Ready or not, here we go again with another year in pediatric medicine. Statistics all start over; so, for things like “rates” (you know: death rates, immunization rates and injury rates) it’s like calling “kings X” and getting to start from scratch.
In all 2015 was a fine year; but, I’m not unhappy it’s over. However, I’ve found over the years that it does pay to occasionally stop and review back a bit – if only to keep our heads (and hearts) from being weighed down by all the “rates” and causing us to forget what we’ve researched and discovered.
Paper-pushers and computers can spew out “rates” till we’re sick of them; but, discoveries… those are the domain of the clinicians. Intrepid souls in the trenches who can tell you the colors of their eyes – cause they’re looking in them.
Discoveries here are hard won, all. Let’s highlight what we learned for the kids last year.
Highlights Of 2015 Advances In Pediatric Medicine
Peanut Allergy – Wow what a surprise
Diet in Infancy Reduces Peanut Allergy Risk Later in life – we didn’t see that coming!
Researchers reported data from the Learning Early About Peanut (LEAP) study which showed that a dramatic reduction in the incidence of peanut allergy among high-risk infants (those with family histories) is possible.
Infants with strong family histories for peanut allergies entered the study between ages 4 to 11 months and were randomly assigned to a diet strategy and given a baseline test (skin-prick) for allergies. They continued that diet through follow-up at age 60 months (5 years).
Which diet do you think reduced the risk for peanut allergy: Peanut avoidance, avoidance till 2 then consumption or consumption the whole time?
It was: Peanut consumption the whole time through follow-up which seemed to lessen the development of peanut allergy.
At 60 months: A) Those who had a negative skin-prick test at baseline – 13.7% in the avoidance group and 1.9% in the consumption group ( P < .001 ) had developed an allergy; and,
B) those infants with a weakly positive skin-prick test at baseline – 35.3% in the avoidance group and 10.6% in the consumption group had developed an allergy.
Hearing about the finding, some doctors called for an immediate change to clinical practice. In August, the AAP endorsed a consensus statement supporting the introduction of peanut-containing foods into the diets of high-risk infants aged between 4 and 11 months.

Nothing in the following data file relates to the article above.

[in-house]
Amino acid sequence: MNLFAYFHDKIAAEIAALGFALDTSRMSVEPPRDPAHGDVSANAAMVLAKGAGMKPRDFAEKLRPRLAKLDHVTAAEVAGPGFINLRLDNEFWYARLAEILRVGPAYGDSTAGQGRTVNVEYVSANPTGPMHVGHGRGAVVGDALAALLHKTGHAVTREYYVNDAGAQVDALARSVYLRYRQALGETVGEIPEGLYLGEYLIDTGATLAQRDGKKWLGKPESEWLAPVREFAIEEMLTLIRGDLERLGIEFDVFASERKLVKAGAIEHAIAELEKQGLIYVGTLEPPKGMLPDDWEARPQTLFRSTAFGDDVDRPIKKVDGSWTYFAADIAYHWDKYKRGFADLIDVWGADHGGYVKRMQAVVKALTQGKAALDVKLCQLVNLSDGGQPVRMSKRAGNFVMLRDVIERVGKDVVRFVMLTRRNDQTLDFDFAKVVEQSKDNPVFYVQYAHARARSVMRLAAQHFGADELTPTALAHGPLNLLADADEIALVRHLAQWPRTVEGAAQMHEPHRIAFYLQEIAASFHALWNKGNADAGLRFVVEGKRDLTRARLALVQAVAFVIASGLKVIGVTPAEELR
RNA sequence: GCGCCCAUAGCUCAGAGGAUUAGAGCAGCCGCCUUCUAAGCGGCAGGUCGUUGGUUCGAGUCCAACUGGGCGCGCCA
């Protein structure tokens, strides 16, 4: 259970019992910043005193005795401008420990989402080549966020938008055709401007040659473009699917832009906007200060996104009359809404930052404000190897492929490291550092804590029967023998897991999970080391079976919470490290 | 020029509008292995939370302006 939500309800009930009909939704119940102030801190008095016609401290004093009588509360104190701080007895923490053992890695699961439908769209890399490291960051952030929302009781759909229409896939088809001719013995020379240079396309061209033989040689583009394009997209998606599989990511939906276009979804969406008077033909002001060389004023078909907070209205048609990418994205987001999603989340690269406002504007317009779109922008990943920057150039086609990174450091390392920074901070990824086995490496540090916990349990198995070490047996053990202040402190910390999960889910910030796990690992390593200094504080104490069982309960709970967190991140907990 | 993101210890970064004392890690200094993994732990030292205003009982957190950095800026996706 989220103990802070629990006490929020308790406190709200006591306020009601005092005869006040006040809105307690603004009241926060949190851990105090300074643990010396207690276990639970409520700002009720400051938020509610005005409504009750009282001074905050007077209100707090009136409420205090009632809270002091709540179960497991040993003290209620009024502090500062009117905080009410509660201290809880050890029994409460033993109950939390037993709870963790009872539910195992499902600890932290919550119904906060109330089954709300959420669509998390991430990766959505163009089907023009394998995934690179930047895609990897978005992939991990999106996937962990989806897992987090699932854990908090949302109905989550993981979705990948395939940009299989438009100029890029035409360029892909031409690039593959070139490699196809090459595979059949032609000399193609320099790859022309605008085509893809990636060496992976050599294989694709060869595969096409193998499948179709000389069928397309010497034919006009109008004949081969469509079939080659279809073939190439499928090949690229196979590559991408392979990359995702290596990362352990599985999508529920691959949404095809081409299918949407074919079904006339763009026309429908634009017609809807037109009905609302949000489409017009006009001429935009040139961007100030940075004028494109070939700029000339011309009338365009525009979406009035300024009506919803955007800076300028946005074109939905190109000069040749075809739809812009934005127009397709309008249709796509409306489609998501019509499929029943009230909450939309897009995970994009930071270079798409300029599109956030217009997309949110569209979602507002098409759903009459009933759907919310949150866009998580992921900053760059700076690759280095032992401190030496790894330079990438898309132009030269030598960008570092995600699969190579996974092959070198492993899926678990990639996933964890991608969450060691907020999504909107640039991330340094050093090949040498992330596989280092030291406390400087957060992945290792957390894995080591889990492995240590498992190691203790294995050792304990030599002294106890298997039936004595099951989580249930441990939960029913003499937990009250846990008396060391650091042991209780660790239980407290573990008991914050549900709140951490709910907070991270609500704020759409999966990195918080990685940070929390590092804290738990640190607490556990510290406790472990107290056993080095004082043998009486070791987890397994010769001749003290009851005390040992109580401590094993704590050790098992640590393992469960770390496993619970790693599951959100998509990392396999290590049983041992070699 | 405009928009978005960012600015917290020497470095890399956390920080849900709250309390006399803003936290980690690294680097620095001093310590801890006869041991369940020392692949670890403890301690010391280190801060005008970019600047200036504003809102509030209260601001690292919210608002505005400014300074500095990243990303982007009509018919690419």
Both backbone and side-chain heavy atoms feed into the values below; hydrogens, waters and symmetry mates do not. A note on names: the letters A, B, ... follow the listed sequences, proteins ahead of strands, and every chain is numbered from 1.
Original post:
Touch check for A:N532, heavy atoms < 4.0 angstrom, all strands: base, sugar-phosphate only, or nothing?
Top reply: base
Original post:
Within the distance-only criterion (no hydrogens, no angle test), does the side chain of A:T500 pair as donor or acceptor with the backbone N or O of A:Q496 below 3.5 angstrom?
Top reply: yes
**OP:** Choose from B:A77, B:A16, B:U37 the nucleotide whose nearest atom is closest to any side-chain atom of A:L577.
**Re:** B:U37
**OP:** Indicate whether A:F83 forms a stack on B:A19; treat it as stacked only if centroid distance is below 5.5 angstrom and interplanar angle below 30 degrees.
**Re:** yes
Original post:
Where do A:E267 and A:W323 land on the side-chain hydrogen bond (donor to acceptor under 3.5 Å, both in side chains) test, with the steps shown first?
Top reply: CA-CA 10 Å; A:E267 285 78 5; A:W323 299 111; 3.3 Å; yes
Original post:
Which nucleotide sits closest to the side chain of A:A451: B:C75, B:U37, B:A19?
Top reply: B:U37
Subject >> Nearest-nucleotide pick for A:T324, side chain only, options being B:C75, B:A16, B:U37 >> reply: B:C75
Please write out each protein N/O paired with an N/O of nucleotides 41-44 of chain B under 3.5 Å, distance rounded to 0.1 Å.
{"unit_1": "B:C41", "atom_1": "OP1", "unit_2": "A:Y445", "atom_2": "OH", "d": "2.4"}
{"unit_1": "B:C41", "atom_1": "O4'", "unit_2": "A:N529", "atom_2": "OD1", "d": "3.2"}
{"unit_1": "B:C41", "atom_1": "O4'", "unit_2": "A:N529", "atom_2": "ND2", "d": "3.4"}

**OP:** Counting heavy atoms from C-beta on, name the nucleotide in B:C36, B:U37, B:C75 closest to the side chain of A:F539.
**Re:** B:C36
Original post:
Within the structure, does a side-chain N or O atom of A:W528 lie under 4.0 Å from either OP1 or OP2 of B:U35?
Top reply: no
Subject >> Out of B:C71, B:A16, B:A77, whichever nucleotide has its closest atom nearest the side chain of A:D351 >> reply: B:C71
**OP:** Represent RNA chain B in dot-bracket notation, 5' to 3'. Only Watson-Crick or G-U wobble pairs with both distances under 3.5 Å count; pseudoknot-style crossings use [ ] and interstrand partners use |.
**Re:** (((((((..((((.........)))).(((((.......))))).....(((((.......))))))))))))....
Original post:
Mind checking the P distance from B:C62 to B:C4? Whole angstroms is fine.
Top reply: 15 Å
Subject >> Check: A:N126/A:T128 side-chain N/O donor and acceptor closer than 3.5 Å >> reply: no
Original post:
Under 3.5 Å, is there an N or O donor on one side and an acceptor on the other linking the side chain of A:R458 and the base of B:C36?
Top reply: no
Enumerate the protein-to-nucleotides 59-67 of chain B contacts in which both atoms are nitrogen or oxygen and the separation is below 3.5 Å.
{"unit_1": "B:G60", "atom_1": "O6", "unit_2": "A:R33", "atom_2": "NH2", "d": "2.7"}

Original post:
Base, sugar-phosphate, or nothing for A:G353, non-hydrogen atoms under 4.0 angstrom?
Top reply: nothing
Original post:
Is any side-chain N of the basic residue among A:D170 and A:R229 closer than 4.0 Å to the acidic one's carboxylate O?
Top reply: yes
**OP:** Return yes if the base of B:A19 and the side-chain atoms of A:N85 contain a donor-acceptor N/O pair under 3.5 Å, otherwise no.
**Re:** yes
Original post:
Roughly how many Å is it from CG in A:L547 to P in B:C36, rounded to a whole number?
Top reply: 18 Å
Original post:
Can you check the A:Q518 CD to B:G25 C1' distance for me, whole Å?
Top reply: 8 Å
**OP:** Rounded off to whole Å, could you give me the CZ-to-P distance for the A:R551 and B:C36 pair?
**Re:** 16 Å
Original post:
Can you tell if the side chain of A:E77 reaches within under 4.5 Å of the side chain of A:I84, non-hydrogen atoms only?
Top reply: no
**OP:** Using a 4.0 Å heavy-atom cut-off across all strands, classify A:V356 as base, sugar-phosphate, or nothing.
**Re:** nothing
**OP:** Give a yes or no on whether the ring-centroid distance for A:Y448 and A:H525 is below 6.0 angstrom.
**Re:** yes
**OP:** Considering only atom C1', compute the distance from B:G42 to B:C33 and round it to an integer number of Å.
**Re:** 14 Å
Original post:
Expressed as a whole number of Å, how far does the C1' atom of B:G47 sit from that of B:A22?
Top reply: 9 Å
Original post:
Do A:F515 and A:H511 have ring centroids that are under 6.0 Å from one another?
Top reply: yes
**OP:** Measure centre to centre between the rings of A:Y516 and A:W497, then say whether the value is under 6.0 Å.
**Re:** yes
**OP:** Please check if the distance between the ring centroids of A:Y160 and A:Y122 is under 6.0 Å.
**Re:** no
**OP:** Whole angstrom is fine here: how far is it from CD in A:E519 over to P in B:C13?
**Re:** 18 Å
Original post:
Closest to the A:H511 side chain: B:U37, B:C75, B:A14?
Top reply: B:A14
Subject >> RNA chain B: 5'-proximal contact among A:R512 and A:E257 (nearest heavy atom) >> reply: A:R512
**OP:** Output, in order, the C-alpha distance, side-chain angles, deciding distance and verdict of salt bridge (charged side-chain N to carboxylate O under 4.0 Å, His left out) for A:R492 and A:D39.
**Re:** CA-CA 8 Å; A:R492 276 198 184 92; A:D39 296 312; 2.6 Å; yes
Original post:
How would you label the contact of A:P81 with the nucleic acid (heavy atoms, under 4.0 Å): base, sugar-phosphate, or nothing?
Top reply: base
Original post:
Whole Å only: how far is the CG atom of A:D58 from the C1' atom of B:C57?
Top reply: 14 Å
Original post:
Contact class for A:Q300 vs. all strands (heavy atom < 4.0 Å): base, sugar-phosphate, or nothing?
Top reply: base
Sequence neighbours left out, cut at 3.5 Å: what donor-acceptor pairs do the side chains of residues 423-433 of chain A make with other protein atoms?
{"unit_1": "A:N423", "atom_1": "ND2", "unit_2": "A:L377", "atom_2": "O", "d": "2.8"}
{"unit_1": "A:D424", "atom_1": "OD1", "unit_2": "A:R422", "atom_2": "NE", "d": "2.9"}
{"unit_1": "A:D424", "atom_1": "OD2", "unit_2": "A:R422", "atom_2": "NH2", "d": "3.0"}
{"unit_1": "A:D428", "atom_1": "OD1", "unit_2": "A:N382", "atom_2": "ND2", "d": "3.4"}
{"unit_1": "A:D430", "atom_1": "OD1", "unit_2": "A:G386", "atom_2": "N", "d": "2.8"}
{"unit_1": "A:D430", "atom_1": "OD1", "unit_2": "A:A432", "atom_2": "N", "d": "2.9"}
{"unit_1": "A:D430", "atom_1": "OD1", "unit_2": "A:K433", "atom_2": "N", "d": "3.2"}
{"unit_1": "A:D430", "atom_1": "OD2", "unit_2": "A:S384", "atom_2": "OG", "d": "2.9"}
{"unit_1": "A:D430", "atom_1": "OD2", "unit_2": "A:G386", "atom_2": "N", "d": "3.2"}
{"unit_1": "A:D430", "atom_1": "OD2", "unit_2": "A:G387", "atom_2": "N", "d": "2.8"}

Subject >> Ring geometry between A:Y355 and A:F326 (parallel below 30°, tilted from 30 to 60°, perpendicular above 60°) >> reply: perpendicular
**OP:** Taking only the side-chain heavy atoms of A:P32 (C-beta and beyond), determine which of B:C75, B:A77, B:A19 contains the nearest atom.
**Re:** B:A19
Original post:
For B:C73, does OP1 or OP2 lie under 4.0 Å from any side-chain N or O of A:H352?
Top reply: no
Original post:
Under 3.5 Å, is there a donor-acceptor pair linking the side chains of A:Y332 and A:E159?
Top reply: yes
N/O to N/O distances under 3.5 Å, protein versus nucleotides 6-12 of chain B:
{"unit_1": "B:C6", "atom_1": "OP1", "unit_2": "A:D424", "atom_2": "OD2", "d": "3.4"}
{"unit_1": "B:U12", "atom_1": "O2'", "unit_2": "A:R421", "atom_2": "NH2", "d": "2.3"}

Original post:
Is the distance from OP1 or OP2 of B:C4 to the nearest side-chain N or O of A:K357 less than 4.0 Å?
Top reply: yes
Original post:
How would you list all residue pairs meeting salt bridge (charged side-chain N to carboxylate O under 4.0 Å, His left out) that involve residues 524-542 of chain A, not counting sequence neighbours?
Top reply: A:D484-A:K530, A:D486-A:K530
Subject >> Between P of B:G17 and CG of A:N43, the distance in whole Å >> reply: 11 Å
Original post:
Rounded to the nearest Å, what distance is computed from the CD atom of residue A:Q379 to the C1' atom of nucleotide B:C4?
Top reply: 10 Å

New Autism Genes Discovered
There are now 65 known genes known to be involved with the autism spectrum of symptoms, six known areas of genes known to be at risk for mutations and two categories of methods where research should be concentrated.
Last year researchers completed the most extensive genetic study ever done on Autism Spectrum Disorder (ASD).
They added 27 additional genes not previously linked to the disorder establishing a total of 65 genes now believed to contribute to autism by a variety of methods – most as yet undelineated.
Additionally, they confirmed the existence of six large regions of chromosomes which are prone to duplication errors (copy number variants) as parental genes split to form sperm and eggs thereby creating fresh new genetic risks for autism in their families.
We now know that these 65 genes can be classified into two main functional categories: those that involve the function of nerve synapses (connections) and those that involve chromatin (a pigment).
The new battle-line going forward then will be to discover when, where, and how these genes interact and focusing on the developmental time period, brain region, and cell types which are disrupted in autism.
Strep Throat Treatment
Antibiotics clear infectivity of Strep throat earlier than we thought.
Until 2015 all state and national guidelines for school participation demanded that children be on antibiotics for strep infections for 24 hours before they should return to school. We know now that strep is rendered non-infective sooner than that.
A study showed that when children treated for documented strep throat returned for a repeat strep test between 12 and 23 hours, 91% had no strep detectable on the follow-up throat culture.
Additionally, it didn’t matter statistically whether or not the child had received the second dose of antibiotic yet the morning of the repeat culture.
The researchers concluded that children treated with amoxicillin for strep throat may return to school in as little as 12 hours after their first dose without putting other children at risk of contracting the illness.
FDA Orders a Halt to Unapproved Prescription Ear Drops
This falls in the classification of “why on earth is this listed here” because it’s not research, rather a unilateral edict by the Food and Drug Administration.
In July, the US Food and Drug Administration (FDA) demanded a halt to the manufacture and distribution of unapproved prescription ear drop products labeled to relieve ear pain, infection, and inflammation.
For a variety of historical reasons, some drugs, mostly older products, had continued to be marketed in the United States without required FDA approval.
The FDA warned the manufacturers that they must halt their production and shipping immediately or be subjected to enforcement actions, including seizure, injunction, and/or criminal proceedings. The products include: benzocaine (topical anesthetic), antipyrine (pain reliever), zinc acetate (astringent) , chloroxylenol (broad antimicrobial), hydrocortisone (anti-inflammatory), and pramoxine (topical anesthetic).
Physicians around the country were disgusted by the controversial action because the products have been used with obvious benefit for decades with minimal side-effects.
2 Posts in This Series
- ADHD - Bronchiolitis – 8 Jan 2016
- Peanuts - Ear Drops – 4 Jan 2016